Prescribed burning is a land management tool that should only be used when needed and after considerable planning, taking into account numerous factors including fireguards, equipment, labor, smoke management and fuel characteristics.
Eastern red cedar, which is native to Oklahoma, historically was controlled by fires. Since that isn't the case anymore, land that was once open prairie is covered with cedar and no longer provides grazing for livestock.
For natural resource managers to be successful, plant identification is a must.
Wildlife managers have plenty of activities to keep them busy during the winter - here's a list.
Prescribed fire is often recommended as a tool to open up or thin woody vegetation typical of the Cross Timbers. More open timber may increase plant diversity for wildlife and forage for cattle. This article presents the results of ten years of prescribed fire on woody vegetation.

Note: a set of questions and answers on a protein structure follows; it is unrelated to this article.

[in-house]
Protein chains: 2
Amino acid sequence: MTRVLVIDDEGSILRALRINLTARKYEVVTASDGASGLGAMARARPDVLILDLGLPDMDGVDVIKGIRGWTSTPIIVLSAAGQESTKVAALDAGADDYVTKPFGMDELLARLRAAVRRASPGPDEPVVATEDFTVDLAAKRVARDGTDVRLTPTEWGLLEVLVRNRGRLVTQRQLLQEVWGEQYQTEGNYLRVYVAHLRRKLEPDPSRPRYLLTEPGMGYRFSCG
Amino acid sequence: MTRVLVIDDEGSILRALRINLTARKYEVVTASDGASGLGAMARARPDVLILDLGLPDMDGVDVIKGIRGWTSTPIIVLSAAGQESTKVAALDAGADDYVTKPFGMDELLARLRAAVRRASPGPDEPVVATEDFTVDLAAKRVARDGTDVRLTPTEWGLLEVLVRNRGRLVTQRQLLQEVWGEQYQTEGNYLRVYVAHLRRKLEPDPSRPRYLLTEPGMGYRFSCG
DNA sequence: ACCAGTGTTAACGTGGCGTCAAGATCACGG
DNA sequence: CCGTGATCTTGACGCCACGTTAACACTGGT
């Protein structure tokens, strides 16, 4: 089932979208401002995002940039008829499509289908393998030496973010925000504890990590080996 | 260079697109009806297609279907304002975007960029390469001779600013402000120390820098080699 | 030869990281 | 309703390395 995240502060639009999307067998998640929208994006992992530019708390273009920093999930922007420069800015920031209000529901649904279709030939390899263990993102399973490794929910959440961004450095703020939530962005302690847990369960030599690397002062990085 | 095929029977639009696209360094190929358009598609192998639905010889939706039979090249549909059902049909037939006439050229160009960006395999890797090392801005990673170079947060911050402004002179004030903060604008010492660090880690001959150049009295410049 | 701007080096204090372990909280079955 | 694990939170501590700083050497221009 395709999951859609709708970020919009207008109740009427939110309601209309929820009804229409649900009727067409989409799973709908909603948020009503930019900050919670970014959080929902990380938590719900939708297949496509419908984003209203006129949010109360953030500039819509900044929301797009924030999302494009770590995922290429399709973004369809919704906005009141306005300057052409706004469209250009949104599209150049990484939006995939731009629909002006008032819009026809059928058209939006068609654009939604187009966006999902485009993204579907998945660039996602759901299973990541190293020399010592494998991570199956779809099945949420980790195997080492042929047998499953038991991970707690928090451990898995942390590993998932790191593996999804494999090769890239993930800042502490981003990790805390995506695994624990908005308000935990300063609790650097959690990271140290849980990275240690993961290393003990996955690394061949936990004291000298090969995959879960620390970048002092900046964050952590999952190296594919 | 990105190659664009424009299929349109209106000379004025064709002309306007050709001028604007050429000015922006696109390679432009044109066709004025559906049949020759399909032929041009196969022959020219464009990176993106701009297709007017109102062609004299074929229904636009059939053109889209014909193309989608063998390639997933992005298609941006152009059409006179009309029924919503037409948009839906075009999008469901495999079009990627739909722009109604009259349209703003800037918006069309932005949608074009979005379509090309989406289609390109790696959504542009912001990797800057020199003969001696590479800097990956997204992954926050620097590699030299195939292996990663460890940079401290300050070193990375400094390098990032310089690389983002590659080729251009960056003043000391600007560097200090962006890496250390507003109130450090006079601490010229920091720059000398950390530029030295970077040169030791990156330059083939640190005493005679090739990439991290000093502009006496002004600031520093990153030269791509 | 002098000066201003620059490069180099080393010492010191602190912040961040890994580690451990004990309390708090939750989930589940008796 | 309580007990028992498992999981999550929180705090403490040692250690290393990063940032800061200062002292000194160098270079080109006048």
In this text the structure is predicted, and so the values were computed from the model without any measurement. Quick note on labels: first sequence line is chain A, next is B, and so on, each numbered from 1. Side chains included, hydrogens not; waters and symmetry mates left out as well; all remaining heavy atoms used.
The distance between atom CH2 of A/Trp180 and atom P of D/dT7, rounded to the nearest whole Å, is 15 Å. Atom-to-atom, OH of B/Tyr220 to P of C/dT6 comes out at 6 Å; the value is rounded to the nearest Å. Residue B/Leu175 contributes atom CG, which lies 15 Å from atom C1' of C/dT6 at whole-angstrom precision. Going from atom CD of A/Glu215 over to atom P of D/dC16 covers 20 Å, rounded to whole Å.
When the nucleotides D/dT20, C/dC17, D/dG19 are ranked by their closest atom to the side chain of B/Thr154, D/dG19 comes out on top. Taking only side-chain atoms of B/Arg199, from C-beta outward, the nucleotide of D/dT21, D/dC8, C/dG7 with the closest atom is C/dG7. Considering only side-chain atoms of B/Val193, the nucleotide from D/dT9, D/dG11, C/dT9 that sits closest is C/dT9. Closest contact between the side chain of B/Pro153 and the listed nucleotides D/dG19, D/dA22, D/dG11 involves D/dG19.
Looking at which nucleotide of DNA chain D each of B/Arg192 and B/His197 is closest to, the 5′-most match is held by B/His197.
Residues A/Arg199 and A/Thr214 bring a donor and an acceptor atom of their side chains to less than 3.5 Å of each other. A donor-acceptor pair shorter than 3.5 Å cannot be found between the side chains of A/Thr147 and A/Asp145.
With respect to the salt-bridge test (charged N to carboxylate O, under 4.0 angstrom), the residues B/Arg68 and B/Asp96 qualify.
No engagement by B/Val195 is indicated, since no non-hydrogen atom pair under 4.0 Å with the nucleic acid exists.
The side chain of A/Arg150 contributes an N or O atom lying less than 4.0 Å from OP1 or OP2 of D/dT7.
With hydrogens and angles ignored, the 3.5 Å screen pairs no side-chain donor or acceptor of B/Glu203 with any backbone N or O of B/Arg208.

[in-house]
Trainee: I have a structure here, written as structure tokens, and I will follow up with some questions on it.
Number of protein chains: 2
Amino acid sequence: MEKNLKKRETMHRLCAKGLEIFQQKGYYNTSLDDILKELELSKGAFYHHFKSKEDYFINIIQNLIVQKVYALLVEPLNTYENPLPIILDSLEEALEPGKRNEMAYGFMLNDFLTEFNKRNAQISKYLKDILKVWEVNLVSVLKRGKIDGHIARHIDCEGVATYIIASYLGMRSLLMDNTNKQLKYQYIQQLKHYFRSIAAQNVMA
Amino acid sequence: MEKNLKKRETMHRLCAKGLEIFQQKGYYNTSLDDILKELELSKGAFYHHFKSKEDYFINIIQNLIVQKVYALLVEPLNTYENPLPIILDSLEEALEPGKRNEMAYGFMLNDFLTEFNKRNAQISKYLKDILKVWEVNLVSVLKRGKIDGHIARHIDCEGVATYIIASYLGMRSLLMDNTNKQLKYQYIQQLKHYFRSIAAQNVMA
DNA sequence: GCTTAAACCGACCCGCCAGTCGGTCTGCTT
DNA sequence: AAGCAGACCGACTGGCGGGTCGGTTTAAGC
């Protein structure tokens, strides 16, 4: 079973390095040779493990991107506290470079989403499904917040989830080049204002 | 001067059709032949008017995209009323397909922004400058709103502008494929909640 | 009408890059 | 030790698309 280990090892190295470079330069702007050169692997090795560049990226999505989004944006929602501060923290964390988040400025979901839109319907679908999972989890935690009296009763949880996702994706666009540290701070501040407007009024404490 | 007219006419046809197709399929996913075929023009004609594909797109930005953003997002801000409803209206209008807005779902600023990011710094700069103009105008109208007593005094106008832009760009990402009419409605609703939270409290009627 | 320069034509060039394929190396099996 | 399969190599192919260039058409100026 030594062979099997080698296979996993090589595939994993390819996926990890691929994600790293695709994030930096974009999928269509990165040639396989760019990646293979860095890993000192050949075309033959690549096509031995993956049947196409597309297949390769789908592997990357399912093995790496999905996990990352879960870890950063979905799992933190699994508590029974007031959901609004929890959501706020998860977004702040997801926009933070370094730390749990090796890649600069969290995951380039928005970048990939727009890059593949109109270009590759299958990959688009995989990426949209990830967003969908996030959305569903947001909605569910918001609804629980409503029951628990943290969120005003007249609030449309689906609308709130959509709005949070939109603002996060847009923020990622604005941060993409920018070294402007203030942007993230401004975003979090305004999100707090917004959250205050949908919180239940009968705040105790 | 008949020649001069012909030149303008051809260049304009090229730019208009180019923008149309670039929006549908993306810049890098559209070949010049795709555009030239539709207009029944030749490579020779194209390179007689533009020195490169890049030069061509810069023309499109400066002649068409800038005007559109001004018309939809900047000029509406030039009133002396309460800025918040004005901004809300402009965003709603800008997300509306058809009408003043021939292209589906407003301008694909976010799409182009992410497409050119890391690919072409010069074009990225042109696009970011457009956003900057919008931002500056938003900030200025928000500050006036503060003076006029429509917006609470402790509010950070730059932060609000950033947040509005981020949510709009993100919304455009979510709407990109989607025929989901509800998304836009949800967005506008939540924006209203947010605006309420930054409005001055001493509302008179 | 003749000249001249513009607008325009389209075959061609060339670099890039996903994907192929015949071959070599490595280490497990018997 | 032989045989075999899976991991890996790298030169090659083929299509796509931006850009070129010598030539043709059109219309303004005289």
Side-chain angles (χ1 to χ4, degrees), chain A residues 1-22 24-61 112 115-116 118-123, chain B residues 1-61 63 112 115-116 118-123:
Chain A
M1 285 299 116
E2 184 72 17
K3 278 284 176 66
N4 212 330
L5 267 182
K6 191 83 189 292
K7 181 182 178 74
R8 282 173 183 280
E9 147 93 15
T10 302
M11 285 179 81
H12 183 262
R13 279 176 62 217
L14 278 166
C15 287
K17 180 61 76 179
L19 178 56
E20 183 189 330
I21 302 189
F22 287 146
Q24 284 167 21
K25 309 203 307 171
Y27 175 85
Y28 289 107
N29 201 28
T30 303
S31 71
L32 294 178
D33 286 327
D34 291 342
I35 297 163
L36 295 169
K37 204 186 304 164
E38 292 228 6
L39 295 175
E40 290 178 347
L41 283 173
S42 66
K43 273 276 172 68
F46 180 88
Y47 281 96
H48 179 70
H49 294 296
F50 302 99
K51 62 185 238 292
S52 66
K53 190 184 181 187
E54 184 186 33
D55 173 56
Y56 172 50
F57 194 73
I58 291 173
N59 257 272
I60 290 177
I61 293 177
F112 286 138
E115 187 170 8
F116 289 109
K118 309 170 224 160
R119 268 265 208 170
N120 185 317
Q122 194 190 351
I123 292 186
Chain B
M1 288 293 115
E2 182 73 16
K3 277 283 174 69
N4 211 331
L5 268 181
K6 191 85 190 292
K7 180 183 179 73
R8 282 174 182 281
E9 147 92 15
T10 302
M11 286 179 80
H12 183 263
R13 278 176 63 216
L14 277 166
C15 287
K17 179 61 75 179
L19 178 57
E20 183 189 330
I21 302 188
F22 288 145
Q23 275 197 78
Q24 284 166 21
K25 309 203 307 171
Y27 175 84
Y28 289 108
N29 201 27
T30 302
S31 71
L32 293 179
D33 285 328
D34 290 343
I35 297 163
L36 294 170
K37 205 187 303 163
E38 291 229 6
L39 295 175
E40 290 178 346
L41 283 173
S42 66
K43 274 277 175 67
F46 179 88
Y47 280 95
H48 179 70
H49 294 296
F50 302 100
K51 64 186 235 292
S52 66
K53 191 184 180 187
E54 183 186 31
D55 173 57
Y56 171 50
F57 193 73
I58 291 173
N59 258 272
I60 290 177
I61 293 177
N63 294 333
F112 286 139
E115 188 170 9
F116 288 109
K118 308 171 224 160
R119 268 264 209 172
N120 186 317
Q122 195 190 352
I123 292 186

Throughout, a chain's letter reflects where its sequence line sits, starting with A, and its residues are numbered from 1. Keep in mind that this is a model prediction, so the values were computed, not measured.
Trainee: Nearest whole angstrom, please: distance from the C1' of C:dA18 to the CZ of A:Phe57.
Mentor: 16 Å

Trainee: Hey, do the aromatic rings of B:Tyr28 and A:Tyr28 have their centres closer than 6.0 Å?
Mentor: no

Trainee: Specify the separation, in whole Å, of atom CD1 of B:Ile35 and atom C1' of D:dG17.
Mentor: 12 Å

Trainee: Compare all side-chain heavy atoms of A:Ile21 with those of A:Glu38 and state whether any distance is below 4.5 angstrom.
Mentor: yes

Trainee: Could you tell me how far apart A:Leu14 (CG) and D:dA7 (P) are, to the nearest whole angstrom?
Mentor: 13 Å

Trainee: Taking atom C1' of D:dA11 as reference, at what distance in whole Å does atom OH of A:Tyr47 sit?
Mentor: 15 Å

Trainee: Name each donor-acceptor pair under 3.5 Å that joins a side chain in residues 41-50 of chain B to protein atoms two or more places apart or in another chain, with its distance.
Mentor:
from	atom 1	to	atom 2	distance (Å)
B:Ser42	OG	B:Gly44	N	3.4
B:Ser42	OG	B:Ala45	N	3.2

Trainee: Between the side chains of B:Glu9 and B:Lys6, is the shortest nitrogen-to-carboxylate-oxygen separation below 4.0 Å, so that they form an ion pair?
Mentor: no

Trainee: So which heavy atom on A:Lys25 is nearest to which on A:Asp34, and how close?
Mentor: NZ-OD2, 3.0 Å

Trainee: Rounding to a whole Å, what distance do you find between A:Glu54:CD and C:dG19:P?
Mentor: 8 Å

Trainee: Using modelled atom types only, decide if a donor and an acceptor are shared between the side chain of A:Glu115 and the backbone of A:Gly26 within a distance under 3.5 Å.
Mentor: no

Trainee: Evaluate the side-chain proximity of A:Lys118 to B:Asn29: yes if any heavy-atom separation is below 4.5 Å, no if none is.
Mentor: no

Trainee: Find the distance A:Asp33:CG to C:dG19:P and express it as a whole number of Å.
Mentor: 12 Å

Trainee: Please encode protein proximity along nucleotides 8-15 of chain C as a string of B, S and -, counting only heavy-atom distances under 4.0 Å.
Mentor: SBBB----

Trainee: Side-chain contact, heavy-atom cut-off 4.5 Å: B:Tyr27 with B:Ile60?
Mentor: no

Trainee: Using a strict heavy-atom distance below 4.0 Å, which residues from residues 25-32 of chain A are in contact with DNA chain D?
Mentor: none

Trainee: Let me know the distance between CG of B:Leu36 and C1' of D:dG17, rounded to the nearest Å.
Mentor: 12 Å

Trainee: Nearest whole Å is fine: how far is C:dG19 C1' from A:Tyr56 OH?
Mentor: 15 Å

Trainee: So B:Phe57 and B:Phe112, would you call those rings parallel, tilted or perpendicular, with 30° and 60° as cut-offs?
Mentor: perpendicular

Burning, grazing, and rest are generally the most powerful tools for managing local wildlife habitats. It may seem simple to light a match, stock some cattle, or erect a fence, but accomplishing specific habitat management goals with these tools requires considerable study and management. This article addresses some fundamentals of prescribed burning.
As with many livestock producers, empty feedsacks really can start to pile up this time of year. The big question is what to do with them. Traditional recycling is an option in some places that requires a little effort, but it is worth it.
When burning costs are mentioned, fireguard establishment and labor for a burn are usually the topics of discussion. However, some argue that burning native grass pastures may have more significant costs such as decreasing plant diversity, destroying wildlife habitat, decreasing forage production or adversely affecting soil chemistry.
A green fireguard can be a useful alternative to a bare soil fireguard or other types of fireguards. A green fireguard is managed to promote green vegetation and to minimize mulch.